Cross-country skiing at Brown Deer Park. Photo by John Karpinsky Taryn Coles does more than endure winter in Milwaukee. She relishes it. When her colleagues at Marquette University begin to decry the snow and cold, she strikes out on the area’s cross-country ski trails. The 37-year-old fundraiser celebrates camaraderie, exercise and meditation during night skiing at […]
Photo by John Karpinsky
Taryn Coles does more than endure winter in Milwaukee. She relishes it.
When her colleagues at Marquette University begin to decry the snow and cold, she strikes out on the area’s cross-country ski trails. The 37-year-old fundraiser celebrates camaraderie, exercise and meditation during night skiing at Lapham Peak and afternoons spent gliding through the Kettle Moraine State Forest. She makes new friends inside warming shelters and next to roaring fires in lodges. “It’s the only way to survive the winter,” says Coles, who moved to Milwaukee from Seattle in 2008. “Everybody is out and active, and there’s this community. There’s the wine and beer and crackers and hot chocolate.”
Undulating terrain molded by glaciers more than 10,000 years ago serves as the canvas on which today’s skiing enthusiasts mix rhythm, solitude and community.
“You can go, and it just clears your brain out,” says Mary Eloranta, 58, who coaches the Peak Nordic Ski team composed of area elementary, middle and high school students. “You’re in the woods, and it’s you and a ribbon of white. You’re removed, hopefully, from your electronic devices and get back your own time.”
|Hear more about the area’s cross-country skiing scene on WUWM’s “Lake Effect” Jan. 7 at 10 a.m.|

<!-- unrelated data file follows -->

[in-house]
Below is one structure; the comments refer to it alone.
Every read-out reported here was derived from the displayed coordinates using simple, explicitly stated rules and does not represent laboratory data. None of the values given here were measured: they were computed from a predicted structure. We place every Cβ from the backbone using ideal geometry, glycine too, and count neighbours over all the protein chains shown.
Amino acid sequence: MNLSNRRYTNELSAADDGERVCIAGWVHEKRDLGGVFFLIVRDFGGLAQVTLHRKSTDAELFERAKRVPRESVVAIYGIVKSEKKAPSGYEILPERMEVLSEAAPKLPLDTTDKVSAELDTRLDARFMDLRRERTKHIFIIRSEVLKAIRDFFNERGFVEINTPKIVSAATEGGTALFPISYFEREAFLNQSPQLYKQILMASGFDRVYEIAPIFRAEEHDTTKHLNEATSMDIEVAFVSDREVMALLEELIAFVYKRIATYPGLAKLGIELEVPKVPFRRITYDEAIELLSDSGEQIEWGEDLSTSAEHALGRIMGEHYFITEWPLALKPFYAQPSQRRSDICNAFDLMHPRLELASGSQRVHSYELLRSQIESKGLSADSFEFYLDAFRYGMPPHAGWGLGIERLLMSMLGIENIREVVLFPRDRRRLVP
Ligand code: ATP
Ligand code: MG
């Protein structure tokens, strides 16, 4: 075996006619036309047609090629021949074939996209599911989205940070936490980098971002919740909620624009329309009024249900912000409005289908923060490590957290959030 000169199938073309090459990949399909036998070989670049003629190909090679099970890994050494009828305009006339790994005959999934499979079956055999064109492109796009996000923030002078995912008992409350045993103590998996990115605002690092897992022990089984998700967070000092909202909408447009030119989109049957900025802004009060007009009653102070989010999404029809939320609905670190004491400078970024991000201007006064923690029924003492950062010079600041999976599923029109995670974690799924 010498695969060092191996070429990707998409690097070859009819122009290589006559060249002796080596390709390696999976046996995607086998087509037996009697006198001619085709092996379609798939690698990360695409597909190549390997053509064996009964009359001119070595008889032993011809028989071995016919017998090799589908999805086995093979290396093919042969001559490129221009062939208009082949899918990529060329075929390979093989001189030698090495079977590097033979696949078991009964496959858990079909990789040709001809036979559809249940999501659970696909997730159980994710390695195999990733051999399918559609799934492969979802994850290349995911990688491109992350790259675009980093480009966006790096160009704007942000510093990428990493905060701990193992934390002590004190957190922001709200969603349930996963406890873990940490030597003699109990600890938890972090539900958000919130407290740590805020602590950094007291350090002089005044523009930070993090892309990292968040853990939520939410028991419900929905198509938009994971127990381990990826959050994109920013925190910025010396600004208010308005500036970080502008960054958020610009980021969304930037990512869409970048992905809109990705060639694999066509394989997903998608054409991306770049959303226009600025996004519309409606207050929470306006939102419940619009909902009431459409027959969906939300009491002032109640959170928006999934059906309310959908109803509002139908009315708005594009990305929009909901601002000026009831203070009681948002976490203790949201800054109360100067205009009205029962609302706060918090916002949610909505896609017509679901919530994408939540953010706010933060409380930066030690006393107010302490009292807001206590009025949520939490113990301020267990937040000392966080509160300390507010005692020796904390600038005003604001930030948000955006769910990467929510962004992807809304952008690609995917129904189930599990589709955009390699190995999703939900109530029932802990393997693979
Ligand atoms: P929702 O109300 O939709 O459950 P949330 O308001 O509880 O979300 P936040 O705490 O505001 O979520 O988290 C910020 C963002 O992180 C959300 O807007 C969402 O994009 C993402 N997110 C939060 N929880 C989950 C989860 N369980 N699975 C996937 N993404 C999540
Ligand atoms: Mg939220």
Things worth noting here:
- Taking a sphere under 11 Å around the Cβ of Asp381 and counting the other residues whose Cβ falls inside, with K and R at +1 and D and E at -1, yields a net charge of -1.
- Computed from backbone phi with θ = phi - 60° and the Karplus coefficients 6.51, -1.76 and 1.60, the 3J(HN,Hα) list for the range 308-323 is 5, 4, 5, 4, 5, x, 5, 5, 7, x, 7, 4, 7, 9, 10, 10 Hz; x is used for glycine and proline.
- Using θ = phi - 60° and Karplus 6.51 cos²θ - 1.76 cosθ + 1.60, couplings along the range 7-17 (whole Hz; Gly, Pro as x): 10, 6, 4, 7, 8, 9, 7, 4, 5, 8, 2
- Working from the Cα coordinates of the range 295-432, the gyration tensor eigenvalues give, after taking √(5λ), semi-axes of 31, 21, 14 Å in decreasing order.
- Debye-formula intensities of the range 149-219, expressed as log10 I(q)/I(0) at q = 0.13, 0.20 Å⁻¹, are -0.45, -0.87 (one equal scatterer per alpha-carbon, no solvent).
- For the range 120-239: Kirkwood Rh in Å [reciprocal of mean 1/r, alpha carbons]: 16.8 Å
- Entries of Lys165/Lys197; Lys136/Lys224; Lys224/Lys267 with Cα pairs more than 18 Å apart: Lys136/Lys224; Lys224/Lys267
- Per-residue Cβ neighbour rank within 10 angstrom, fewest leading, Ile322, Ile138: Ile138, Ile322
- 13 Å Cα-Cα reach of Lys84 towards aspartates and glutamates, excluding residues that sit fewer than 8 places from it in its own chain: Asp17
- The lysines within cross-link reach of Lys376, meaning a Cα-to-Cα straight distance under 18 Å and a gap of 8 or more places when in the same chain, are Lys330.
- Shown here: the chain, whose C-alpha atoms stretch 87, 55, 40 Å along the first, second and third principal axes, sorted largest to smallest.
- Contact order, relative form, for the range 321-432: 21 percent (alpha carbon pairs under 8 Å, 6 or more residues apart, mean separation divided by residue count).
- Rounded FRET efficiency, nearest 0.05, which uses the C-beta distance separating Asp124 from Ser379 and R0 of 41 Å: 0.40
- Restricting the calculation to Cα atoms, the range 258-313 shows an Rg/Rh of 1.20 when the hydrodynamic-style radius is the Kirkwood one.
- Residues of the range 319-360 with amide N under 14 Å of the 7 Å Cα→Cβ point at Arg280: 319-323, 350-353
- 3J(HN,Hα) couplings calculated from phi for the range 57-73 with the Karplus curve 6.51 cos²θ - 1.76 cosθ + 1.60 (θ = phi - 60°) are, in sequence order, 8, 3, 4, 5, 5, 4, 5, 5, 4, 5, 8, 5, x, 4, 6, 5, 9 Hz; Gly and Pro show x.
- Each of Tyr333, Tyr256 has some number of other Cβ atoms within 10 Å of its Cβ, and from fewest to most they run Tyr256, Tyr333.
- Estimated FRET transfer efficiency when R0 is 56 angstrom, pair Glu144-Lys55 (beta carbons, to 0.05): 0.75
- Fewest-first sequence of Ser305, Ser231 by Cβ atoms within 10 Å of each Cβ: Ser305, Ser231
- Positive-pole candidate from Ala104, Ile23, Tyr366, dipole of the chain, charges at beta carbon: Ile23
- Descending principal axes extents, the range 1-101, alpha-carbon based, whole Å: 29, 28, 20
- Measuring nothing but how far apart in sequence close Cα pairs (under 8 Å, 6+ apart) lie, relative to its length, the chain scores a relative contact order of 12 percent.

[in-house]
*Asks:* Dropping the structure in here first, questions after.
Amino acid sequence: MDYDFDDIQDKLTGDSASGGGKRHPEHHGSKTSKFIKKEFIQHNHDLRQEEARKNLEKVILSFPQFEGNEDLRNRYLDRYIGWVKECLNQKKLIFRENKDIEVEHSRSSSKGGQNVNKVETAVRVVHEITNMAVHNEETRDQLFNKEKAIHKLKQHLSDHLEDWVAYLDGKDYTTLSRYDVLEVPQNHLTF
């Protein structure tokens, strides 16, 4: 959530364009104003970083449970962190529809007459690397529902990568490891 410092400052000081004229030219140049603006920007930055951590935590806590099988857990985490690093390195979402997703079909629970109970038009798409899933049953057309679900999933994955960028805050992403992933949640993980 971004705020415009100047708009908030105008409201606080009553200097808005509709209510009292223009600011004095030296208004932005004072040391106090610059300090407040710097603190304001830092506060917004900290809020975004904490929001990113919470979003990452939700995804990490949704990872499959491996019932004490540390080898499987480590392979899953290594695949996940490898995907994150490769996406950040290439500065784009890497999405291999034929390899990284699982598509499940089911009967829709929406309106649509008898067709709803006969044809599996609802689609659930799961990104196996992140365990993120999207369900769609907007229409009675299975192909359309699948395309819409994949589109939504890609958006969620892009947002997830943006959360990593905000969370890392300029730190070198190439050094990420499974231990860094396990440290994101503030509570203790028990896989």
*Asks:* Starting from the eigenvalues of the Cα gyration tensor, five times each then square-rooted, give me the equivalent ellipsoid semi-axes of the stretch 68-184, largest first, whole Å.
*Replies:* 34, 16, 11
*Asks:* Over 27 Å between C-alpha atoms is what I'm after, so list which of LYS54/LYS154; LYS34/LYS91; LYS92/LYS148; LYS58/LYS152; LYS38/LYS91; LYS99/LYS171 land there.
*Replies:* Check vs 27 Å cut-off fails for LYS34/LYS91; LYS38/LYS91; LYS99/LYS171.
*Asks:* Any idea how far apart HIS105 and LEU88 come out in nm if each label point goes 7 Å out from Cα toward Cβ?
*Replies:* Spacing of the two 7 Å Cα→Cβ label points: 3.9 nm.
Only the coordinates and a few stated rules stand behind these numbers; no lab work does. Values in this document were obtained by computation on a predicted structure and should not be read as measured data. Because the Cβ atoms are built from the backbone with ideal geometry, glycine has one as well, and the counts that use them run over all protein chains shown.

Forty minutes from Downtown Milwaukee, Lapham Peak (W329 N846 County Highway C, Delafield) is the team’s home base and one of the most popular winter destinations in the state. More than 100,000 skiers visit Lapham’s more than 17 miles of trails each winter, according to the state Department of Natural Resources. A snowmaking system installed in 2005 helps those numbers by producing a skiable track from early December to March. Also helpful is the cheery Evergreen Shelter, which turns into something of a Club Lapham on weeknights, with skiers gathering near a wood-burning stove to share snacks, training tips, craft beers and wine.
On Wednesday nights, Friends of Lapham Peak hosts low-key races for the moderately skilled, and on Tuesdays, the Peak Nordic Masters team offers free lessons for all skill levels, including beginners.
Phil Van Valkenberg, 67, who has skied on and written about trails in Wisconsin and beyond, says the terrain at Lapham matches any in the world. The climb to the highest point in Waukesha County tests experienced athletes, and the flat ski loops circling the lower meadows are well-suited to beginners.
Other satisfying ski paths can be found in the Southern and Northern Kettle Moraine areas, and in the Waukesha County and Milwaukee County park systems. Many started as hiking trails blazed by the Works Progress Administration in the 1930s and ’40s or during the cross-country ski boom of the ’70s.
“Each system has its own characteristics and personality, either in terrain or degree of difficulty,” says Paul Sandgren, superintendent of the Southern Kettle Moraine State Forest. “Folks in this area of the state are blessed to have the types of trails and the quality of trails – and so many of them within a short distance.”